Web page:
Rejecting Wall Street, Graduates Turn Entrepreneurs Instead

June 16, 2011 at 8:00 am | Posted in Advising interns | 4 Comments
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Susan Sandberg

The above is a headline from a recent New York Times article on the growing number of business school students rejecting traditional postgraduate paths like investment banking, hedge funds and consulting. It’s a trend that is accelerating in the wake of the financial crisis as Wall Street loses its luster and Silicon Valley shines with a new crop of multibillion-dollar start-ups, according to the New York Times. As a career services professional, you might want to encourage your students to explore entrepreneurship as a career path. Here are some trends to share with your students:

  • Job growth:  Graduates from the class of 2010 at Harvard started 30 to 40 businesses last year, a 50 percent increase from the previous year, said William A. Sahlman, a professor of entrepreneurship at Harvard Business School. “The level of entrepreneurship activity here, and I presume at other schools, is up dramatically over the last two years,” said Dr. Sahlman. Since the job market is down, more and more graduates are starting their own businesses rather than settling for unemployment or part-time work in a field unrelated to their majors.
  • Campus programs:  Last year, budding entrepreneurs at Harvard formed the Startup Tribe, a student group. The organization, which has more than 150 members, persuaded Harvard to start the Minimum Viable Product Fund, a $50,000 fund for new start-ups. The program distributes awards of roughly $5,000 apiece to promising teams, including the nine winners announced in March. The school is also planning to open in the fall the Harvard Innovation Lab, a student center for start-ups, where founders can work with peers and Harvard’s entrepreneurs-in-residence.
  • Business plan contests:  Many colleges have business plan contests, which help launch entrepreneurs. Kimball Thomas got his start when he was named one of the top three winners for Harvard’s annual Business Plan Contest, which came with a $25,000 cash prize. He won the competition with an online diaper business in Brazil, which was his second start-up. He and another student had first started, with about $20,000 scraped together from friends and family. The venture — which taught them the basics, like how to coordinate with vendors in China and how to run an e-commerce site — was profitable in its first year, according to the New York Times report.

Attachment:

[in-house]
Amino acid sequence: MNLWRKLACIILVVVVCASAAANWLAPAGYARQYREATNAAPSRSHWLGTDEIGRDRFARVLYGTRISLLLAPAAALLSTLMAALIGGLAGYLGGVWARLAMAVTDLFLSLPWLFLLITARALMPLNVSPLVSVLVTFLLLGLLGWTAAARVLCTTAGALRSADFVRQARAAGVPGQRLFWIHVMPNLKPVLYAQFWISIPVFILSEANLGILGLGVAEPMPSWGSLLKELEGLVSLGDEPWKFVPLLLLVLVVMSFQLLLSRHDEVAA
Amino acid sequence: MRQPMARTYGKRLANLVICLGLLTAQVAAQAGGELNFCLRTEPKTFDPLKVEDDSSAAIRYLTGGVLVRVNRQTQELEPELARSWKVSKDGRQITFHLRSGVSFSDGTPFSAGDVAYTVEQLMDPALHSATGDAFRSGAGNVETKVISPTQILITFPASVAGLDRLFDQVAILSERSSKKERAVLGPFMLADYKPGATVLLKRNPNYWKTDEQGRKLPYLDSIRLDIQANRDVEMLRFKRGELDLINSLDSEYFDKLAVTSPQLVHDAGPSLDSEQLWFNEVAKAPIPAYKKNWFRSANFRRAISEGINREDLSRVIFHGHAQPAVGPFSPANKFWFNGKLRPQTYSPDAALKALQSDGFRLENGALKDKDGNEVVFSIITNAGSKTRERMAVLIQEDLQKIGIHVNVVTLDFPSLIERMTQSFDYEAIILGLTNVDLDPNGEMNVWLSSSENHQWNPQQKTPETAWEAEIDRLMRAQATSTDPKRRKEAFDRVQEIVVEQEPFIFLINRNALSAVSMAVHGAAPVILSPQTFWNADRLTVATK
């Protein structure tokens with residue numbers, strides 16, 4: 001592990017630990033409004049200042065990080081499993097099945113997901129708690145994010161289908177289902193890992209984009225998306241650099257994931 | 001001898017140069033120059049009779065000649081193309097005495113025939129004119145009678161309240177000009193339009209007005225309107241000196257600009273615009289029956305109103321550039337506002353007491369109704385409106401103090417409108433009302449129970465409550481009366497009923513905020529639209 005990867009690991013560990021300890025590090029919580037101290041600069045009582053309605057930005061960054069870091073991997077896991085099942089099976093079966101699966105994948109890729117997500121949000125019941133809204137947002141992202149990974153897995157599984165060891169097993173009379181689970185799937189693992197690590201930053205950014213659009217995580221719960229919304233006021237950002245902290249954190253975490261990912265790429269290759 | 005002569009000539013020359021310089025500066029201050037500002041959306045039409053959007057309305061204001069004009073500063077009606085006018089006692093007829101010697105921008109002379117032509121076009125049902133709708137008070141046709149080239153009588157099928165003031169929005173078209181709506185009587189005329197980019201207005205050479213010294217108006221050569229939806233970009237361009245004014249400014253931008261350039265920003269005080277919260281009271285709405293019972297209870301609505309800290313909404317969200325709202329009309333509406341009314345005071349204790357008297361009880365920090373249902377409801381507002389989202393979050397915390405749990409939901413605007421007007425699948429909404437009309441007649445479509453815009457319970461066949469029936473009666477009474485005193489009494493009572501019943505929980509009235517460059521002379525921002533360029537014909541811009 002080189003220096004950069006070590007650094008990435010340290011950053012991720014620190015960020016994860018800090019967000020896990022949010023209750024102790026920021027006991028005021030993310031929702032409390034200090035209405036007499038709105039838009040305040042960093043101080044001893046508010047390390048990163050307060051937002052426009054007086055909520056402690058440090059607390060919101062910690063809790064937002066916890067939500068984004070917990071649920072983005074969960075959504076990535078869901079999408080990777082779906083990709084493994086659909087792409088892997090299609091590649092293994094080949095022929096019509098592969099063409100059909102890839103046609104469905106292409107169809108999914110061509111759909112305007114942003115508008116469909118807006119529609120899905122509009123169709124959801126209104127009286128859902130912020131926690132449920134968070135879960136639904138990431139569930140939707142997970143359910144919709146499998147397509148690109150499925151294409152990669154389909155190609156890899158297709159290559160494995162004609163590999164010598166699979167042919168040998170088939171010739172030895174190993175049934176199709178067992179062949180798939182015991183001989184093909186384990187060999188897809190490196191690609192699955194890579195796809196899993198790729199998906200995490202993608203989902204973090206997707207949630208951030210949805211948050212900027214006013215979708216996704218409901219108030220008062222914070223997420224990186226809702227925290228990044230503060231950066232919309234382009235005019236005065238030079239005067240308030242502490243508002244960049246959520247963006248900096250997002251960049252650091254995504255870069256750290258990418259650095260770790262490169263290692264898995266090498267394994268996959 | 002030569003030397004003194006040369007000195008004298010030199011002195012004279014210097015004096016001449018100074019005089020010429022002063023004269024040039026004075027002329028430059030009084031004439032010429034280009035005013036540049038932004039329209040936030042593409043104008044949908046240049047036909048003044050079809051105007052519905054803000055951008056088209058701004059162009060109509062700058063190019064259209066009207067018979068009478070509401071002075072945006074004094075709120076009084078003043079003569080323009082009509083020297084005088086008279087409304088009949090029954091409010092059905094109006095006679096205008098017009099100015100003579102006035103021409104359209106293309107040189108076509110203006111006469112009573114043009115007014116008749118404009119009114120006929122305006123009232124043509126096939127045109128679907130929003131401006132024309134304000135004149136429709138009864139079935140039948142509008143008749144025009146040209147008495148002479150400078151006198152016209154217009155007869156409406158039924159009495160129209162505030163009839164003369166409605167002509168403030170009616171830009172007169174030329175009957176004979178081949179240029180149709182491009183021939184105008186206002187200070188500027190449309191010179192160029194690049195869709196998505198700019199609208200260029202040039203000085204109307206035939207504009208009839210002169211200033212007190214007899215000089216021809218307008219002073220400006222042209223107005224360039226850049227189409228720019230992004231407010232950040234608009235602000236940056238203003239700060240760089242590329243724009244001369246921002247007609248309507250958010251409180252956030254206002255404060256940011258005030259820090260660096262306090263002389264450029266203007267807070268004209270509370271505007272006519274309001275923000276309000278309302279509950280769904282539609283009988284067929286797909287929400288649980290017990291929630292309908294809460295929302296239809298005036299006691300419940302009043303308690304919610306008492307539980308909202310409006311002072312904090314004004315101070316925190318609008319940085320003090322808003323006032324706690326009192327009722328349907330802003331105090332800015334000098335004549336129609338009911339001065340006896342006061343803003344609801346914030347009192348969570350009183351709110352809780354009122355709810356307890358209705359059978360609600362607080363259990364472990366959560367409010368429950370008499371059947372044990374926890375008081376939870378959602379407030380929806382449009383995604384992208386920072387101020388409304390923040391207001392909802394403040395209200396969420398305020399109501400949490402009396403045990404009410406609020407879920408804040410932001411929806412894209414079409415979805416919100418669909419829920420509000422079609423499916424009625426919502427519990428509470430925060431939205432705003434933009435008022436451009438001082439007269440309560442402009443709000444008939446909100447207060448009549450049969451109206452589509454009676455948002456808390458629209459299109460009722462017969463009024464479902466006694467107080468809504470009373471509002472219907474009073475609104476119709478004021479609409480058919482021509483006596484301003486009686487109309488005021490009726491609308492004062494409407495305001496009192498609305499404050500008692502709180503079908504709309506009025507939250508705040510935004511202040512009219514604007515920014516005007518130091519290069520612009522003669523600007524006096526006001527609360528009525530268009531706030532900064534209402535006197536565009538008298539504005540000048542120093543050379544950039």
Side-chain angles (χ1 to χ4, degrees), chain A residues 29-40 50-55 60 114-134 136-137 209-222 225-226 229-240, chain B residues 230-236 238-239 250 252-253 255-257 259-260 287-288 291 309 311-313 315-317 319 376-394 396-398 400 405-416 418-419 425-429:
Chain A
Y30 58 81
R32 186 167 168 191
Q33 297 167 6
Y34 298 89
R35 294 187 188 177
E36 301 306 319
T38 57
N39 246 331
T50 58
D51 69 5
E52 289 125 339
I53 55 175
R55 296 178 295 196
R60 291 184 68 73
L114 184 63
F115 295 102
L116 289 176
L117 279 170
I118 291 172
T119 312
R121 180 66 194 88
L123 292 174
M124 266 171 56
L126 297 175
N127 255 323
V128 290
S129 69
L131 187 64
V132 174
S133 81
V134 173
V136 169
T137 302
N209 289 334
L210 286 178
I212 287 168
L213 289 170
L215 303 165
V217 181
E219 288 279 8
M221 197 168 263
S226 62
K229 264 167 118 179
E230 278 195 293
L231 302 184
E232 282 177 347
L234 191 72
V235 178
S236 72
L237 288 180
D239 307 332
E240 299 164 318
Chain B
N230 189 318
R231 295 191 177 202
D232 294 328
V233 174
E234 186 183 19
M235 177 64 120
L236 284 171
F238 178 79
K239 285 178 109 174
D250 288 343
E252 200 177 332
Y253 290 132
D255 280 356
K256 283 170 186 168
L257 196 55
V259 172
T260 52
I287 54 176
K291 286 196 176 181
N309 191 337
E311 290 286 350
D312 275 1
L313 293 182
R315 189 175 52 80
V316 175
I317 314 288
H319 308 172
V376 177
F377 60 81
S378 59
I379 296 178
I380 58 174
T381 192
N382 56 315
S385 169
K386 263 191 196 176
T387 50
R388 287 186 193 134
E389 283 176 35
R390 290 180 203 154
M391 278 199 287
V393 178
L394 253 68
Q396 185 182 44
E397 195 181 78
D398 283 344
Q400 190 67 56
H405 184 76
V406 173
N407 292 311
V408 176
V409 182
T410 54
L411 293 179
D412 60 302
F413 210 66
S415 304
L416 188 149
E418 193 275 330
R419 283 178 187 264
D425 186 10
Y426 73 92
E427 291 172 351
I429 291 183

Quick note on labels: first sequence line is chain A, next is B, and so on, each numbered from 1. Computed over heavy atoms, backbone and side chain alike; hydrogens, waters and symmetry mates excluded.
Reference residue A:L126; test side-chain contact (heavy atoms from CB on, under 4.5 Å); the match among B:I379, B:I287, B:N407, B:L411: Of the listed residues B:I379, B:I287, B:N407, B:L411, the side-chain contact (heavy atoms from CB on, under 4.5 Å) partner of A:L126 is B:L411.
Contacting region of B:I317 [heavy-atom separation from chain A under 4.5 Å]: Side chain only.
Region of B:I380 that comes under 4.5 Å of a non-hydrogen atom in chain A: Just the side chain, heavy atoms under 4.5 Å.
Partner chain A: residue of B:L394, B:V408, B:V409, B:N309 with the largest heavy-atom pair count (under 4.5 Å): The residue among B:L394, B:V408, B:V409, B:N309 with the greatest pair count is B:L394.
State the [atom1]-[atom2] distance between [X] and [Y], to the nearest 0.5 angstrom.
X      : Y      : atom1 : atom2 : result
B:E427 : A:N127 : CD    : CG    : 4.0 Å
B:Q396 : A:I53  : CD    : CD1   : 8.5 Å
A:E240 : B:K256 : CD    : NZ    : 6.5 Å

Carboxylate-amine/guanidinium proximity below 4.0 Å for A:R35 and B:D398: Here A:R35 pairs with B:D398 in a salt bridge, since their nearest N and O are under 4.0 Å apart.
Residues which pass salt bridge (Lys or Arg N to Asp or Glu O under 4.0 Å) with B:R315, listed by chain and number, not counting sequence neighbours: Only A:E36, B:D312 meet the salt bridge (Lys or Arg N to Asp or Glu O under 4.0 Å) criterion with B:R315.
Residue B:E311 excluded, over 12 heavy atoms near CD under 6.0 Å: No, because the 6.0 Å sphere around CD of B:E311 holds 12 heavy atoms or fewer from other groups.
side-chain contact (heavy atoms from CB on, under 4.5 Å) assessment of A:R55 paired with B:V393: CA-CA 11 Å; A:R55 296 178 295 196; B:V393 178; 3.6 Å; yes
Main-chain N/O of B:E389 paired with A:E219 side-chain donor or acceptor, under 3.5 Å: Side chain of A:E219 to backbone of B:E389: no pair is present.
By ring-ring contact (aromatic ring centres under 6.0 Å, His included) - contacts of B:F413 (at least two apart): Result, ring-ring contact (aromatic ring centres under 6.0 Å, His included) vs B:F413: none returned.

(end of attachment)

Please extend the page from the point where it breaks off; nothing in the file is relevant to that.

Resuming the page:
• Entrepreneur internships:  Students can learn how start-ups work by taking internships with entrepreneurs. Start-ups are usually small operations, enabling a student intern to study all aspects from concept to launch. Students can have a hands-on opportunity to be part of a new venture without worrying about losing their own money if it doesn’t work. An internship at a start-up is also a great way to network and learn about venture capitalists and investors. Good places to search for internships at start-ups are the alumni office and the business school. Alumni who are starting new businesses would be excellent resources as well as business school professors who often act as consultants for start-ups.


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  1. Great feedback here. We have had numerous interns come and go who have successfully impacted our internship program.

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